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homer_3

Q about game engines

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I just finished writing my first, very small, 3D game using DirectX. It's pretty simple but it doesn't have any physics in it. Now I want to start on a much more complex game. One involving more physics, better collision detection, and more interaction with the level. Now I'm curious as to what, exactly, is a game engine and would it be a good idea to use one? I've been doing some googling and as far as I can determine, a full blown game engine is something like DX Studio. By that I mean a wizzywig editor that lets you create levels by drag and drop and attach scripts to objects or scenes (although I haven't found a way to attach scripts to objects in DX Studio yet). But after trying out DX Studio, it almost seems simpler to continue to code instead. Is that a good idea, or is better to get used to using an engine to create game? I'm trying to create a portfolio and get experience in game programming so I can stand a chance when applying to a game development company.

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Original post by homer_3
I just finished writing my first, very small, 3D game using DirectX. It's pretty simple but it doesn't have any physics in it. Now I want to start on a much more complex game. One involving more physics, better collision detection, and more interaction with the level.

Now I'm curious as to what, exactly, is a game engine and would it be a good idea to use one? I've been doing some googling and as far as I can determine, a full blown game engine is something like DX Studio. By that I mean a wizzywig editor that lets you create levels by drag and drop and attach scripts to objects or scenes (although I haven't found a way to attach scripts to objects in DX Studio yet). But after trying out DX Studio, it almost seems simpler to continue to code instead. Is that a good idea, or is better to get used to using an engine to create game? I'm trying to create a portfolio and get experience in game programming so I can stand a chance when applying to a game development company.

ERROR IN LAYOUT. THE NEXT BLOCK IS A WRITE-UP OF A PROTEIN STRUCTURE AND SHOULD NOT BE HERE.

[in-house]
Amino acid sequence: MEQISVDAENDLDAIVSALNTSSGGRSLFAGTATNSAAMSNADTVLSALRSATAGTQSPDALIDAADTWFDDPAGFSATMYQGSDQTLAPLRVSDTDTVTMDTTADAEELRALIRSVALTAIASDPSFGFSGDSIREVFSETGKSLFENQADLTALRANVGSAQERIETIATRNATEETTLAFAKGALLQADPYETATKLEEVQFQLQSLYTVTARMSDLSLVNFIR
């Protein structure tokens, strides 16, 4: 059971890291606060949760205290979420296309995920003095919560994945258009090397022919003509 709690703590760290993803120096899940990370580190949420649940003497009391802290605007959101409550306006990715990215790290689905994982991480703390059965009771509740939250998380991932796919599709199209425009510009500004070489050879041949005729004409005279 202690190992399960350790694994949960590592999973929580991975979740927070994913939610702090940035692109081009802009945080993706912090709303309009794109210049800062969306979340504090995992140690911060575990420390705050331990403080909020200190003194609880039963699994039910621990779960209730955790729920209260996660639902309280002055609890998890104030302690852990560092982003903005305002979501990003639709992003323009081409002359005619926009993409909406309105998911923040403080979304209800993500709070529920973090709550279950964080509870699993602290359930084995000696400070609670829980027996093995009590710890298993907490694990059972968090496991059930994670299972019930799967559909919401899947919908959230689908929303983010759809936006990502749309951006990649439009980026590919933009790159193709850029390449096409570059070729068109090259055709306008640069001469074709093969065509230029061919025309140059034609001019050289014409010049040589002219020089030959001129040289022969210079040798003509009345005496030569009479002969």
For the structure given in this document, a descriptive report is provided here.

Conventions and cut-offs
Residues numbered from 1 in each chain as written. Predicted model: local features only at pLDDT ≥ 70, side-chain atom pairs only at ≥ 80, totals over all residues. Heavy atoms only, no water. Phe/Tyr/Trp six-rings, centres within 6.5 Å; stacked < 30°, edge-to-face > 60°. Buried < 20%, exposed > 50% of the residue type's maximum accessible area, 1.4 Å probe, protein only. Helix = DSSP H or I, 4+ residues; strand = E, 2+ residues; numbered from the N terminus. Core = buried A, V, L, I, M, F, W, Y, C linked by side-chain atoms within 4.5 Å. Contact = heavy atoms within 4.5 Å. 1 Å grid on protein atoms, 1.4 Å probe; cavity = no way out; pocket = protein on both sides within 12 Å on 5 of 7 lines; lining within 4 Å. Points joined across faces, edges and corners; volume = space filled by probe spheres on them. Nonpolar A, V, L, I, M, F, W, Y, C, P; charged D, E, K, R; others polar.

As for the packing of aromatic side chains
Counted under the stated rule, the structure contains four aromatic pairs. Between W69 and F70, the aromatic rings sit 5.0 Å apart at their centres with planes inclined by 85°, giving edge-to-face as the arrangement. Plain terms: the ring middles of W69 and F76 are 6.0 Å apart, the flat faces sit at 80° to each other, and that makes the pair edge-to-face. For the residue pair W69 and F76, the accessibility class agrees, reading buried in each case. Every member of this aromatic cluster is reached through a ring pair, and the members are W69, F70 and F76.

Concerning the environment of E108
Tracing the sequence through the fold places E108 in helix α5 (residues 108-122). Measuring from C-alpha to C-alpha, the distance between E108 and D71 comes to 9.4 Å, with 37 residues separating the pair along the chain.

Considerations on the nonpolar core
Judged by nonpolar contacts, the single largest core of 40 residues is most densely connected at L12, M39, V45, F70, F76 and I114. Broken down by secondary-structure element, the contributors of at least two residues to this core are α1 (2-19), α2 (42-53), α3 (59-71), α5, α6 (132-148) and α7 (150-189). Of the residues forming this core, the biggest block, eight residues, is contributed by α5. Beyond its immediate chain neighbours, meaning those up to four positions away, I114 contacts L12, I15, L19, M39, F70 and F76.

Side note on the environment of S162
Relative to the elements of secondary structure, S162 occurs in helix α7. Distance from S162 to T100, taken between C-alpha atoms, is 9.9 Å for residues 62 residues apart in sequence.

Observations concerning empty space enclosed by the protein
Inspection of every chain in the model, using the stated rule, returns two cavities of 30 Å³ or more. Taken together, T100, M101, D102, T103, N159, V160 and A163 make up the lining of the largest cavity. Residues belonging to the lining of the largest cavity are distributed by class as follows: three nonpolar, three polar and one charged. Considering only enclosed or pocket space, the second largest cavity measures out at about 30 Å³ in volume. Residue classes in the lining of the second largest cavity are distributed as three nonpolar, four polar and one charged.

Using an engine (in the broadest sense of the word) can be a good idea as long as it does what you want and need. But there is definitely a learning curve.
There are also great differences between engines and their features. Some only do rendering, some also do physics by may not have networking, some may only be suitable for FPS games...
There can even be differences between engines' subsystems. For example, one engine may only support bounding boxes for collision detection, whilst another may even have collision detection on triangle-meshes.
So you have to invest some to chose the right engine for the right job.

There are alternatives too. You can try to write your own physics (or whatever feature you want to implement) or you can have a look around for libraries that do the job for you. For physics for example there quite a few free libraries which are considered stable: ODE, Bullet, PhysX, Newton for example. And these are just the ones I can think of from the top of my head.
There is always a learning curve when using these libraries the first time, which may be steeper or less steep depending on how fancy you want to make things.

In general, Gamedev's specialized subforums have sticky threads that can point you in the right direction for libraries that may suit your needs.

I don't think there is a black and white answer to your question whether to use an engine or not. It depends a lot on what you want, what you need, and how much experience you have in programming.

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